Getting Your Inputs Squared Away Part: 4
Ok, you’ve got your text fields done and your barometric pressure measurement done. Now we need to do some of the inputs that have math done against them. These will affect your solutions so it’s important to be as precise and decisive as possible.
Let’s start with the yellow boxes: Metric Distances, Heading, Transonic Velocity, MOA:MRAD:Inch, Hectopascals. These are yellow because it’s encouraged that you leave them alone unless you know that you need to change them. They’re set with values that will give the broadest utility for most shooters.
Metric Distances: This is just to set the system to use metric distances for range. If you’re a metric system user you should actually leave the box alone and let the “Full Metric” option select it for you. In fact, it’s meant to be properly set up without any user input for those that use SAE ranges and for those that use metric ranges. For those rare sets of Americans that use metric ranges instead of yards but use SAE measurements for everything else will be the ones that want to put a “m” in the box. Putting an “m” in the box (lower case) will force the system to use meters for distances both large and small which are measured in linear distance. Angular distances will not be affected.
Heading: Leave this alone. It’s critically important for Coriolis calculations and it’s set by default at 90 to give you a full value. Your actual heading during firing will change but you actually use the cosine of your angle away from north or south as a multiplier for shots not facing directly east or west. In any event, you should leave this box alone.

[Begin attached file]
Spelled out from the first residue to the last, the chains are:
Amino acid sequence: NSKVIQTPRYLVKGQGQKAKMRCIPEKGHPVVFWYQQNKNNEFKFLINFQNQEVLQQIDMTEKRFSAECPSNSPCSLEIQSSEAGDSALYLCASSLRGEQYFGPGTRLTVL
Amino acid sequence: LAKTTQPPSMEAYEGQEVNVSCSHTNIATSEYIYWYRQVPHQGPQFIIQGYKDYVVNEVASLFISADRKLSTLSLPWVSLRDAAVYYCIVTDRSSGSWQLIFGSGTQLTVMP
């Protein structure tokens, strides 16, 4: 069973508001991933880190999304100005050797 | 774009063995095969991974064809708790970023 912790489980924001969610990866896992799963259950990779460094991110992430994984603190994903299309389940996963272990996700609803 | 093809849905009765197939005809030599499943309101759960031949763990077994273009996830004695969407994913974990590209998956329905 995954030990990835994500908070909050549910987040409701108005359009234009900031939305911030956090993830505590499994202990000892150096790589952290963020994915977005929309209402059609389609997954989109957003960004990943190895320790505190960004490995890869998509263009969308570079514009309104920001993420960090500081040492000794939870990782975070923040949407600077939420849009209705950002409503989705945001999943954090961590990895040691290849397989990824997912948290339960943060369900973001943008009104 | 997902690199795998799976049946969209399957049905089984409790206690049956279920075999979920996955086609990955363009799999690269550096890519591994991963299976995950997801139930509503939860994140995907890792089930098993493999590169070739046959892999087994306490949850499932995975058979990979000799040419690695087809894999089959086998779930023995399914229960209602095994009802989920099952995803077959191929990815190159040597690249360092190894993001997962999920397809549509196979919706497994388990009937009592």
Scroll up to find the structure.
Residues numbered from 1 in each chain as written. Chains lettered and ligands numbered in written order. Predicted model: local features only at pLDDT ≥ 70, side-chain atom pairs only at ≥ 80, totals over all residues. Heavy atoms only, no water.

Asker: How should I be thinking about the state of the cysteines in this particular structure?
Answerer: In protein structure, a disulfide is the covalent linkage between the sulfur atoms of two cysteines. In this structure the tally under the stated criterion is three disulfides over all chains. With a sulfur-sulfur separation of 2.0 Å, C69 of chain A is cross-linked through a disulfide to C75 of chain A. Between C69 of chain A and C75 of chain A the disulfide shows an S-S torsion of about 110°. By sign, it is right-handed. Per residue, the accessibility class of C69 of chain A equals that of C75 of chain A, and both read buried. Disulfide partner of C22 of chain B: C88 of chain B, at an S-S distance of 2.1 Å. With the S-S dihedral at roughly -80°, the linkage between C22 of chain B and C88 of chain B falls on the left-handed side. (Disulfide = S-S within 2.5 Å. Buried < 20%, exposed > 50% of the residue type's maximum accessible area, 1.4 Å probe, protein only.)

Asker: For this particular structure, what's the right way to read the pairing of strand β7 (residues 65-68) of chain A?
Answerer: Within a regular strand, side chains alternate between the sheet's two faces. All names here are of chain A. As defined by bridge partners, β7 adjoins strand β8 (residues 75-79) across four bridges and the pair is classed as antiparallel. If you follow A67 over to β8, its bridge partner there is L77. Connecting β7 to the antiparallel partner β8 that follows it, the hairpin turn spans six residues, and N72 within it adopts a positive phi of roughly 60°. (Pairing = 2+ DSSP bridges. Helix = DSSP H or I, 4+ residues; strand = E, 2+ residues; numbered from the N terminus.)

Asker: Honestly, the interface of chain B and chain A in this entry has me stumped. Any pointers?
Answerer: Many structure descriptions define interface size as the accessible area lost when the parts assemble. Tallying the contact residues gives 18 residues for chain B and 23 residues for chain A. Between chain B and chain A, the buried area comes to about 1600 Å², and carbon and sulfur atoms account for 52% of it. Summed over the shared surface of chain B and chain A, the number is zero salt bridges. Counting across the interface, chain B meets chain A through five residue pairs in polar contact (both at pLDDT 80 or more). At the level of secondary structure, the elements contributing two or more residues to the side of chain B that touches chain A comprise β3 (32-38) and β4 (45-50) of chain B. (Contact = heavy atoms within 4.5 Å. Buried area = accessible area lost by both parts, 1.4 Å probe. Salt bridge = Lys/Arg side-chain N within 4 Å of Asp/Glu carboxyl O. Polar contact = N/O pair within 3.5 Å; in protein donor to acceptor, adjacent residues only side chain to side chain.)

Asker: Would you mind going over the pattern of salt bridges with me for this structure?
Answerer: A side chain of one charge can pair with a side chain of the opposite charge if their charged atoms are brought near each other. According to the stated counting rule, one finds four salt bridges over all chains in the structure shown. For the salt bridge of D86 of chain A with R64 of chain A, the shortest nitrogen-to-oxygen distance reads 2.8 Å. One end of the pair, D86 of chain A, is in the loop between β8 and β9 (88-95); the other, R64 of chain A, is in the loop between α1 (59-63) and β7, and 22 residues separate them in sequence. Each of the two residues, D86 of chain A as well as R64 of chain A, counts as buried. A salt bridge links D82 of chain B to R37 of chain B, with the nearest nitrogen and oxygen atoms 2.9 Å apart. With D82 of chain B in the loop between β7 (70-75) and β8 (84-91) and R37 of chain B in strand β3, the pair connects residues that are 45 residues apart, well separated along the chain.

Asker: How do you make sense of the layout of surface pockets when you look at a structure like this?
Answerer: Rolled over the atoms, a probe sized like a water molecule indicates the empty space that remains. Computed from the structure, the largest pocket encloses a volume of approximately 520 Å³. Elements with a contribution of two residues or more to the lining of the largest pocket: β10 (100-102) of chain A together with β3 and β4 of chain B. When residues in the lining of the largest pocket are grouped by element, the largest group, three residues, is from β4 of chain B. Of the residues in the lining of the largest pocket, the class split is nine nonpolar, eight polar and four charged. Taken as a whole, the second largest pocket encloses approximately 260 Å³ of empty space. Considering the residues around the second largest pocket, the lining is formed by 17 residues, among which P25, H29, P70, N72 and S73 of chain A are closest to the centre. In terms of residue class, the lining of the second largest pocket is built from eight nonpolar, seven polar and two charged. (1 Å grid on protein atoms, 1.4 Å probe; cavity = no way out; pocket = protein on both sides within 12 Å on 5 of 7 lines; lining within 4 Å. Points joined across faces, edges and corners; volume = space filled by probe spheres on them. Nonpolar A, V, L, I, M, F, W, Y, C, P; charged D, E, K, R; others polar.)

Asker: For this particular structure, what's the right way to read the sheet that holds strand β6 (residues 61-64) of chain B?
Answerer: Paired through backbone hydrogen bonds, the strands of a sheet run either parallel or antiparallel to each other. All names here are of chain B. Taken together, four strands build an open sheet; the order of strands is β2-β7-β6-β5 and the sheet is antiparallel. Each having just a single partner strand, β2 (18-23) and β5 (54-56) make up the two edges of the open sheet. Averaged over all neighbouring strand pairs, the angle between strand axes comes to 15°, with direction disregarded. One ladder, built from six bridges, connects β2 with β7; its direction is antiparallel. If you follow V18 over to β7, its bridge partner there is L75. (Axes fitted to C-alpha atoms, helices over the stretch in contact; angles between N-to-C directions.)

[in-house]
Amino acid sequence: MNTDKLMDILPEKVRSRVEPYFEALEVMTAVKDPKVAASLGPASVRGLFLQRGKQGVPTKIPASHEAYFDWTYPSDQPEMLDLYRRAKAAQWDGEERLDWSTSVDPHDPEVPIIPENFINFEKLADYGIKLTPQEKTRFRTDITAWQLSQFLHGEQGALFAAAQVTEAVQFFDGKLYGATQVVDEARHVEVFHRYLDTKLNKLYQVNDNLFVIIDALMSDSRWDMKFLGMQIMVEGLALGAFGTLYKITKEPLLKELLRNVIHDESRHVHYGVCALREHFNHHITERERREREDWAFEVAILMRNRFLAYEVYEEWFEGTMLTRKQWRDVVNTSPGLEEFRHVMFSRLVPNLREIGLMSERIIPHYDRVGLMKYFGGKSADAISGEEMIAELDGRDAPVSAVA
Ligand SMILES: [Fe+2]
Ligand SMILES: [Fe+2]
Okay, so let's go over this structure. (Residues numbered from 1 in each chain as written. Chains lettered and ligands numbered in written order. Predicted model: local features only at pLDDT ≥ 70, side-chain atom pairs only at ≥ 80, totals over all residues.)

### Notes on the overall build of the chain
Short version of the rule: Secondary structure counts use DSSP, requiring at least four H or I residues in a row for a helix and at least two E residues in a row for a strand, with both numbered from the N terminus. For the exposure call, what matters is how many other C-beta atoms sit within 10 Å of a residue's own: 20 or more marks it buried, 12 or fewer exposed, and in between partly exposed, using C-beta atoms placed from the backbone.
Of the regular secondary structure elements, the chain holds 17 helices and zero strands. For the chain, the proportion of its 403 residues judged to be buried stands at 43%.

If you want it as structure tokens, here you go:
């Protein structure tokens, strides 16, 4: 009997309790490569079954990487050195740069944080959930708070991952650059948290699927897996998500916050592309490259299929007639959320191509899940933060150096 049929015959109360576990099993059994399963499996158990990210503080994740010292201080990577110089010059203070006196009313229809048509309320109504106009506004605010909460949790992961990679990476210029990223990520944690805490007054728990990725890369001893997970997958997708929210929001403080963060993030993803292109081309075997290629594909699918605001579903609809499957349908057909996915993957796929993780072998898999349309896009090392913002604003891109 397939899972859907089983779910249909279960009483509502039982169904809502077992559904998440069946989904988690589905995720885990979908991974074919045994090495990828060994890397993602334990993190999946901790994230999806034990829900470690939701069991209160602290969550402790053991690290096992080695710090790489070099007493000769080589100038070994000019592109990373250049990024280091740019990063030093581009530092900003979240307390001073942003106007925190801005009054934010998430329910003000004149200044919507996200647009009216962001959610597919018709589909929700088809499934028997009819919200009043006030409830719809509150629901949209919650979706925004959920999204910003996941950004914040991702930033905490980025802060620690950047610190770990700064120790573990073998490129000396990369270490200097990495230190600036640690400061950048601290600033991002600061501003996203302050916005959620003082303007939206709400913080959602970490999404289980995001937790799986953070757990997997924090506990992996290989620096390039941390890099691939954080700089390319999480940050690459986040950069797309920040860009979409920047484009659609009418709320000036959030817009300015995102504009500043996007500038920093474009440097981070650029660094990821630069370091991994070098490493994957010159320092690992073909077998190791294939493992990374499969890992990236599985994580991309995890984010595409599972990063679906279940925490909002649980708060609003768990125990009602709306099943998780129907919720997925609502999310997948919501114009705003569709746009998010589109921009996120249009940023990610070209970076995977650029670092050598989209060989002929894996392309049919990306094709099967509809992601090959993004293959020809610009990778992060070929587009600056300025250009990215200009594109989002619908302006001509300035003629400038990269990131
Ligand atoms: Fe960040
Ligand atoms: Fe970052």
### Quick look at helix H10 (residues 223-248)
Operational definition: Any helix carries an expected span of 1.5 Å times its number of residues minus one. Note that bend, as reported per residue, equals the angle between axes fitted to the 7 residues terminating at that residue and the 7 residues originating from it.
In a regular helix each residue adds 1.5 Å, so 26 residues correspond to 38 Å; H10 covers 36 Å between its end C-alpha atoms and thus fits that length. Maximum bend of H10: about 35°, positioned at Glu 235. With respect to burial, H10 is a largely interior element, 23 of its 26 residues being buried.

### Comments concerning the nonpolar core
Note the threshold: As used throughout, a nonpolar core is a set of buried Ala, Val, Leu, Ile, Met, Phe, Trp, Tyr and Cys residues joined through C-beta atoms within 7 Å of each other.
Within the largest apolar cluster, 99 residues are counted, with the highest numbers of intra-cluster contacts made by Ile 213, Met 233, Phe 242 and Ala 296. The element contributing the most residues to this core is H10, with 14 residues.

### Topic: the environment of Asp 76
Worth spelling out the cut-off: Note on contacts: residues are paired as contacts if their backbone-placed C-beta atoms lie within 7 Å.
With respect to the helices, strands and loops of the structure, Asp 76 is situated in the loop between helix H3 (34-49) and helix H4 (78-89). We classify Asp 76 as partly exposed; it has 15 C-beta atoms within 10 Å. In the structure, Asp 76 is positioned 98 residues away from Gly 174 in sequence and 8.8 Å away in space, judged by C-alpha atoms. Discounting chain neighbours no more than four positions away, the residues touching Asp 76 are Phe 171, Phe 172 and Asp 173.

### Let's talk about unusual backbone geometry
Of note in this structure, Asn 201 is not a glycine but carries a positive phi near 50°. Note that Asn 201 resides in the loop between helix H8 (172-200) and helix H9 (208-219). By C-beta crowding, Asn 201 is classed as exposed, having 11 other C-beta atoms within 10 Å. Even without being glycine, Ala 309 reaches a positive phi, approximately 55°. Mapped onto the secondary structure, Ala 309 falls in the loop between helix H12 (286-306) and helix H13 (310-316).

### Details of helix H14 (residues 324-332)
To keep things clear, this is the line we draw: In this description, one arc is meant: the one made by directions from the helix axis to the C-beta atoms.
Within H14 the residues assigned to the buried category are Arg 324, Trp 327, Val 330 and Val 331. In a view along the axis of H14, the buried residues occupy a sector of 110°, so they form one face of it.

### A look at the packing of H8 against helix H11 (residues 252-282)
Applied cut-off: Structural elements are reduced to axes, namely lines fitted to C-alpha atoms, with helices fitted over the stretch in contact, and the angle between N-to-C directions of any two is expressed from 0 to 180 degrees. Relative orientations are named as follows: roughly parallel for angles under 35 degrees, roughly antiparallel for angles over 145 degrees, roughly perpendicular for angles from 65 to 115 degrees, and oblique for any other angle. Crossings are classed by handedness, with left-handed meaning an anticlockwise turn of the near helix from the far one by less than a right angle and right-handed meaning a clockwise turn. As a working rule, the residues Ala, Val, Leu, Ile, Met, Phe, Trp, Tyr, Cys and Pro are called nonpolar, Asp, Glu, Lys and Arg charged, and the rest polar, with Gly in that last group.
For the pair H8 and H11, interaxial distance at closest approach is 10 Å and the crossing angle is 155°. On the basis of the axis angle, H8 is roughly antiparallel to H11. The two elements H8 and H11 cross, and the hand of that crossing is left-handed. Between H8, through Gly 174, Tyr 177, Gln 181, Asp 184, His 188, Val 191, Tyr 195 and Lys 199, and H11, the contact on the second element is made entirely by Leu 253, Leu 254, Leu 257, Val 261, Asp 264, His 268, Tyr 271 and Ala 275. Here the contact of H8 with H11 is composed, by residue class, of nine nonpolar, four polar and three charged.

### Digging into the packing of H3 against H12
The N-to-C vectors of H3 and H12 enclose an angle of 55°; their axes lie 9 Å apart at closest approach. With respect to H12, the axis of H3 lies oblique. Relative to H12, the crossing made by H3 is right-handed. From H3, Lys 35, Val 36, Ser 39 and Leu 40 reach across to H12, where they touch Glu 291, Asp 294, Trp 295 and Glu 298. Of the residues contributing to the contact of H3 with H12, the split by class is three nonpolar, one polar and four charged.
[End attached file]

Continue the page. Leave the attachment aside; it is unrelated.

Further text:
Transonic Velocity: This is basically the point at which Ballistic_XLR will stop calculating. The reason for this is that when bullets go transonic they’re typically going to become unstable or at least less stable and any numbers that Ballistic_XLR provides after that are going to be wrong. If you know that your bullet is acting stable further then you can lower the number to as low as 1050. Note that doing so is unsupported and whatever results you get from that are considered spurious. Basically, leave it alone.
MOA:MRAD Inch Equivalence: Angular units of measure get translated to linear measurements in one of two ways. Either the distance is tracked as denoting the arc between to angularly separated points or traversing a straight line that transects both points. The first method describes a curve, the second method a straight line. Since curves are longer there is an opportunity for engineers to not make life easy. Some scopes use 1.09″:MOA@100yrds as the standard. Most use 1.05″:MOA@100yrds. At least one model of scope I’ve encountered used 1.01″:MOA@100yrds. This leads to some scopes always dialing in 4% more or less dope than they need. If you’re always coming in 4% high or 4% short in your initial adjustments, try changing this value to 1.09 or 1.01. Many Nightforce, Leupold and Sightron scopes have shown this feature. It’s best to do a scope calibration test at the bench to verify your click value. I’d do it at 300 yards too. We’re talking about .04″@100yrds. That’s 1.2″ at 300yrds and thus it is substantially easier to discern the difference at longer ranges.
Hectopascals/Millibars: If you are using this then you’re almost certainly using full metric. If you’re not using the full metric option then just leave this blank. If you are using the full metric option then filling this box in with your current Hpa value and adding a “Y” to the box immediately above it will convert your pressure to inHG and add it to the Barometric Pressure box at A9. This is meant to save you the hassle of converting numbers and lets Ballistic_XLR provide data for metric system users and Imperial systems without making things too complicated.
Stay tuned for Part 5.